It’s always rewarding to have some response to one’s blogging efforts. Even more so when this response, and the resulting dialogue, leads to exchange not only of opinion but also of more tangible ware. It was a delightful surprise when I received a box of chocolates from Greger Nilsson, a reader of this blog from the ancient Swedish city of Lund.
Not a box of ‘thank you’ chocolates from Milka or the like, but a box of serious artisanal chocolates from Lund’s chocolatier Hovby No. 9. These pralines are made exclusively of Venezuelan Criollo Carúpano cocoa and have a very ‘hand-made’ aspect to them. My box included a wide variety of fillings and flavours but even with the heftier kinds, such as ginger or chili, the dominant flavour remained the sweet, earthy tang of the Criollo. This is good.
After the intellectual impulse and the positive response that I experienced with my strawberry & tea matching article, I thought I’d repeat the exercise with chocolate. Mind you, it’s not a natural match. Many teas focus on subtlety, light flowery and fruity aromas, and intricate details of mouthfeel, while chocolate is a textural blockbuster that will overwhelm almost any other food or drink. (It’s a notoriously tricky partner for wine, too, leading some authors to state it’s impossible to match satisfyingly, and recommend cognac instead).
I think it’s an interesting issue because of the cultural, circumstantial aspect involved. In Europe, we often take a smaller afternoon meal between lunch and dinner, where sweets are served alongside hot drinks. Desserts are also served after lunch and/dinner with the same drinks. I bet most people’s choice of match with pralines or chocolate dessert would be coffee, but many people prefer tea and have it regardless of whether it’s theoretically a good match. When it happens to me, instead of dismissing it I prefer to steer guests towards a specific type of tea that can survive the encounter.
So here I brewed four types of tea to see how they fare with the pralines. My rationale was that in order to manage the intense earthy, bitterish flavours of the chocolate and its challengingly mouth-coating texture, a tea would have to be 1) roasted (coffee beans are also roasted during processing; the candied fruit and nutty aromas that are the result of tea roasting are similar to those encountered in chocolate), 2) oxidised (=black tea; tea oxidation increases tannins which are also plentiful in chocolate), or 3) fermented (=shu, or ‘ripe’ puer, or an older, slow-fermented sheng puer; fermentation creates a variety of powerful, evolved, tertiary aromas that are similar to those encountered in chocolate which also undergoes a type of fermentation during processing). Teas I don’t think have a chance matching include all greens (too light in body and flavour), whites (same reason), green oolongs (their delicate aromas would be wasted), young ‘green’ sheng puer (which tend to be quite bitter, plus I don’t see their vegetal aromatic spectrum matching well). Do you agree?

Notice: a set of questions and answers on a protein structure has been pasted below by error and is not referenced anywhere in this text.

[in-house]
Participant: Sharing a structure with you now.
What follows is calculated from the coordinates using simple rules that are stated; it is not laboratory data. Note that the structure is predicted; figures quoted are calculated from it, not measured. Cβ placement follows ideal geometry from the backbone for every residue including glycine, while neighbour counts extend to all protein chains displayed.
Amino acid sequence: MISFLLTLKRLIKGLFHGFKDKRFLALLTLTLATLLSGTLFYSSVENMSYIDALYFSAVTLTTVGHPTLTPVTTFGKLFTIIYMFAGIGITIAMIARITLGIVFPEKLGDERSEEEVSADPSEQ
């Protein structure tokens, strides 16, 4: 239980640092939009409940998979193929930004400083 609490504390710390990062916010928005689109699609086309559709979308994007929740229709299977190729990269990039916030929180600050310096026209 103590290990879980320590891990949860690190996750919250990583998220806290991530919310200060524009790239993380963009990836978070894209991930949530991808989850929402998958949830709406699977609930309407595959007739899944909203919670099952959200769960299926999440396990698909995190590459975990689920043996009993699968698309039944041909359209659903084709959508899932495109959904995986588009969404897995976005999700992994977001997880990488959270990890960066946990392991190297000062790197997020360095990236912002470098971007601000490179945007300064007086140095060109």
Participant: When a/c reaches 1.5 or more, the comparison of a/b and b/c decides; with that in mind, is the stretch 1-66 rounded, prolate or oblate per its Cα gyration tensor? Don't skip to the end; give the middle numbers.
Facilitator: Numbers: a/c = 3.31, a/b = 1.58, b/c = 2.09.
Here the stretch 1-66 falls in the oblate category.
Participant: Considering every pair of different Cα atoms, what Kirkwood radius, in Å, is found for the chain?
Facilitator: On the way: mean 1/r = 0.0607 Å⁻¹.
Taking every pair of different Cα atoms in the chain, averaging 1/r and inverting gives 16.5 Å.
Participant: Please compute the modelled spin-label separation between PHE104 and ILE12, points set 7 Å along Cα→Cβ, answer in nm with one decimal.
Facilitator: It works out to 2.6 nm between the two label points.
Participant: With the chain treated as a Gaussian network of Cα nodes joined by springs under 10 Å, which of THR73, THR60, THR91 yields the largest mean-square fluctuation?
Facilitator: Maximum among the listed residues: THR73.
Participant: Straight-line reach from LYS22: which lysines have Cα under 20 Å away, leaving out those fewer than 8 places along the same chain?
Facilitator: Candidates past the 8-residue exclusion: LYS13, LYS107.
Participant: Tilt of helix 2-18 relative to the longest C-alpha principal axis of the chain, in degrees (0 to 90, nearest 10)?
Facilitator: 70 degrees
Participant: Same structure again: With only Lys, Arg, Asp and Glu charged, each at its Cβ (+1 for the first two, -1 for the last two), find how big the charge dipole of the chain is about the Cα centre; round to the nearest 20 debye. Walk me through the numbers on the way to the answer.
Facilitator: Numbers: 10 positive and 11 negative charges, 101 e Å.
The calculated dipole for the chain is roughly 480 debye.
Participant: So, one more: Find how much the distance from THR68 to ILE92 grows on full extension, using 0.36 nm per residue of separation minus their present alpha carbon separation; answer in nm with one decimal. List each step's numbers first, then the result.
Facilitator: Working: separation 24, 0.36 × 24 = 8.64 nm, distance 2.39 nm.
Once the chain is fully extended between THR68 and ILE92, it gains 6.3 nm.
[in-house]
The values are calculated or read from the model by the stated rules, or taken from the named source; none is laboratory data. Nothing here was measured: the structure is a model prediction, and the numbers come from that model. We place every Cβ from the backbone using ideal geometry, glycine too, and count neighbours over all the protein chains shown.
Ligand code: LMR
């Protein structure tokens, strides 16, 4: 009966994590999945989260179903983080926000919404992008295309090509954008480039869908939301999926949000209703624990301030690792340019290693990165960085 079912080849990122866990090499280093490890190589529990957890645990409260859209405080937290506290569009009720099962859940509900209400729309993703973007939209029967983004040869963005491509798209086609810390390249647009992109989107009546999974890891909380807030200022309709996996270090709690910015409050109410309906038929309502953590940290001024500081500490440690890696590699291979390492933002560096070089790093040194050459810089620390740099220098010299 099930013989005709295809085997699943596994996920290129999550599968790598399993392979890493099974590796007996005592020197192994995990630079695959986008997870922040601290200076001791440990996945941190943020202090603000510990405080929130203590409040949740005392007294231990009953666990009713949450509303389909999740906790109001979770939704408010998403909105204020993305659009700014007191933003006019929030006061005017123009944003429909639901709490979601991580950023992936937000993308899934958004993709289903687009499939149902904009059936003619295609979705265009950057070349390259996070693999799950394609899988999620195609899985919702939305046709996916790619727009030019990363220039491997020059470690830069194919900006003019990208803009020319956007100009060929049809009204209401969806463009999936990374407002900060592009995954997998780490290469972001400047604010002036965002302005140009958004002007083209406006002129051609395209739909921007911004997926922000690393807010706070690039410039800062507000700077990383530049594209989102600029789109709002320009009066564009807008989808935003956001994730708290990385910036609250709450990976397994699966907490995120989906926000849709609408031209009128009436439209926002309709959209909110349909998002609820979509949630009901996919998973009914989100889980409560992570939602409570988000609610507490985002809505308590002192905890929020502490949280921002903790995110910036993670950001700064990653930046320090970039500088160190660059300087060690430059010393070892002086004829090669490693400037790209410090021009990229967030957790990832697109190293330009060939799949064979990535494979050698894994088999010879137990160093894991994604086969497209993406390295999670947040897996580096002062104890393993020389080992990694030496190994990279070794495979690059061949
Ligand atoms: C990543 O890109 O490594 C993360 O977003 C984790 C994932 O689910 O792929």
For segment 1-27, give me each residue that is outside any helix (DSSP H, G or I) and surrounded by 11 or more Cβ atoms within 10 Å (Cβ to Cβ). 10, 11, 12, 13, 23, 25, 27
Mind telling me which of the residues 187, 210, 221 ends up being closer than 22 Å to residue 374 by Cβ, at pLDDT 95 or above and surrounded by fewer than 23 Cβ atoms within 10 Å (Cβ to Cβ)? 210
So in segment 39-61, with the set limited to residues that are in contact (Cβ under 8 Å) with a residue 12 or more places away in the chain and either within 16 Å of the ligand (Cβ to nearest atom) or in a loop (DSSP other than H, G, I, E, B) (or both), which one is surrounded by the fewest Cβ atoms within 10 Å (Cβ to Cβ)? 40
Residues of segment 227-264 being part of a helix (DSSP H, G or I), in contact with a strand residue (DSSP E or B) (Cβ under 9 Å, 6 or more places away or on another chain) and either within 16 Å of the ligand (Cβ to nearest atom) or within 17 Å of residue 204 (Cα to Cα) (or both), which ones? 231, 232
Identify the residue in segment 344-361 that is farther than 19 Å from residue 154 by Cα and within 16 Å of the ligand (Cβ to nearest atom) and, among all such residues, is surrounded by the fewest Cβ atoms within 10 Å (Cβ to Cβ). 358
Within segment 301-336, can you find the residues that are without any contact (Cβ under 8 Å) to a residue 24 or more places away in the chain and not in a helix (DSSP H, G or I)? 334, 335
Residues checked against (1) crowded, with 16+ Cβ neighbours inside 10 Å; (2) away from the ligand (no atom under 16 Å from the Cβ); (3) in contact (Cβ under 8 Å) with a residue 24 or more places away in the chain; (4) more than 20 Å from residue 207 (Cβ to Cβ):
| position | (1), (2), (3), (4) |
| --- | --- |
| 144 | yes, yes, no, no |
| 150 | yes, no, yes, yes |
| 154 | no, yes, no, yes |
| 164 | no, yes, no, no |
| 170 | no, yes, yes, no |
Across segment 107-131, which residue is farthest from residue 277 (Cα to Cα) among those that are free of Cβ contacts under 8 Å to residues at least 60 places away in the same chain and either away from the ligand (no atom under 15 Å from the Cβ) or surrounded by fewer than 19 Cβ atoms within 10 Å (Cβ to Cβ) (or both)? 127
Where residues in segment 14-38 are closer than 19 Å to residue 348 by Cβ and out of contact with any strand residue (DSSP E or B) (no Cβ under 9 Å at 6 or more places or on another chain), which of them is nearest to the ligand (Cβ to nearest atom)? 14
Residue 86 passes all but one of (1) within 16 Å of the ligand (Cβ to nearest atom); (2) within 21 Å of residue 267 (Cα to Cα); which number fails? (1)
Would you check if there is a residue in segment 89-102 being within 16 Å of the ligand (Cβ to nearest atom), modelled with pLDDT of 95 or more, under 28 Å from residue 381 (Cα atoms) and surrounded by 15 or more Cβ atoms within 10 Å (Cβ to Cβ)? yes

Green tea: 2008 Miyabi Sencha
I tried this for fun, and to check whether my above-mentioned assumptions are right. I expected a total clash and disaster while in the end, it’s not a happy combination that I would repeat but there’s no big pain either. (After all, there are some chocolate pralines filled with matcha). The tea’s greenness and grassy tang are far less a problem than I anticipated (obliterated as they are by the chocolate’s chewy texture), while the textural density of the warm tea does a decent job in balancing the chocolate’s thickness. The main problem is a complete lack of flavour correspondence.
Black tea: 2008 Hegang No. 18
I chose a black tea from Taiwan that’s quite light in body and fruity (notes of dried fruit), less tannic and oxidised than your average Yunnan black. With chocolate, this is better than I expected. It’s obviously in the background to the very intense, mouth-filling textural notes of the pralinesbut thanks to its warmth, effectively cleans the palate with a waft of dried fruits intensity. This works especially well with pralines with more savoury fillings such as chili, cardamom etc.
Puer: 1990 CNNP Menghai Brick
I chose a nearly 20-year-old sheng (raw) puer. This is less exciting than expected. Perhaps because the tea is of a rather light, not so wet-storage driven kind. Shows a little indifferent. Interestingly, the attack of the tea when you take some into your mouth manages to cover the thick chocolatey texture, but the finish – mild and untannic as it is – fades away, leaving the chocolatey notes naked. Often in wine & food matching we speak of a wine standing besides the dish, meaning both retain some of their original flavour but there’s no interaction or fusion. It’s exactly what is happening here.
Roasted oolong: 2008 Traditional Shuixian
Interestingly this tea lacks power to match with the chocolate. The roasted, smokey aromas are a good pairing with the chocolatey perfume, and the mild pâtisserie notes that are so typical for this type of tea (brioche, short pastry, almonds, red fruit jam) are also fine. But it’s the slight lack of flavour intensity at mid-palate (again something I find typical of Wuyi tea: they are very intensely scented and have fine structure but often are a little ‘hollow’ in the middle to employ a vinous term) that is a problem precisely when the thick, chewy texture of the chocolate begins to make itself felt.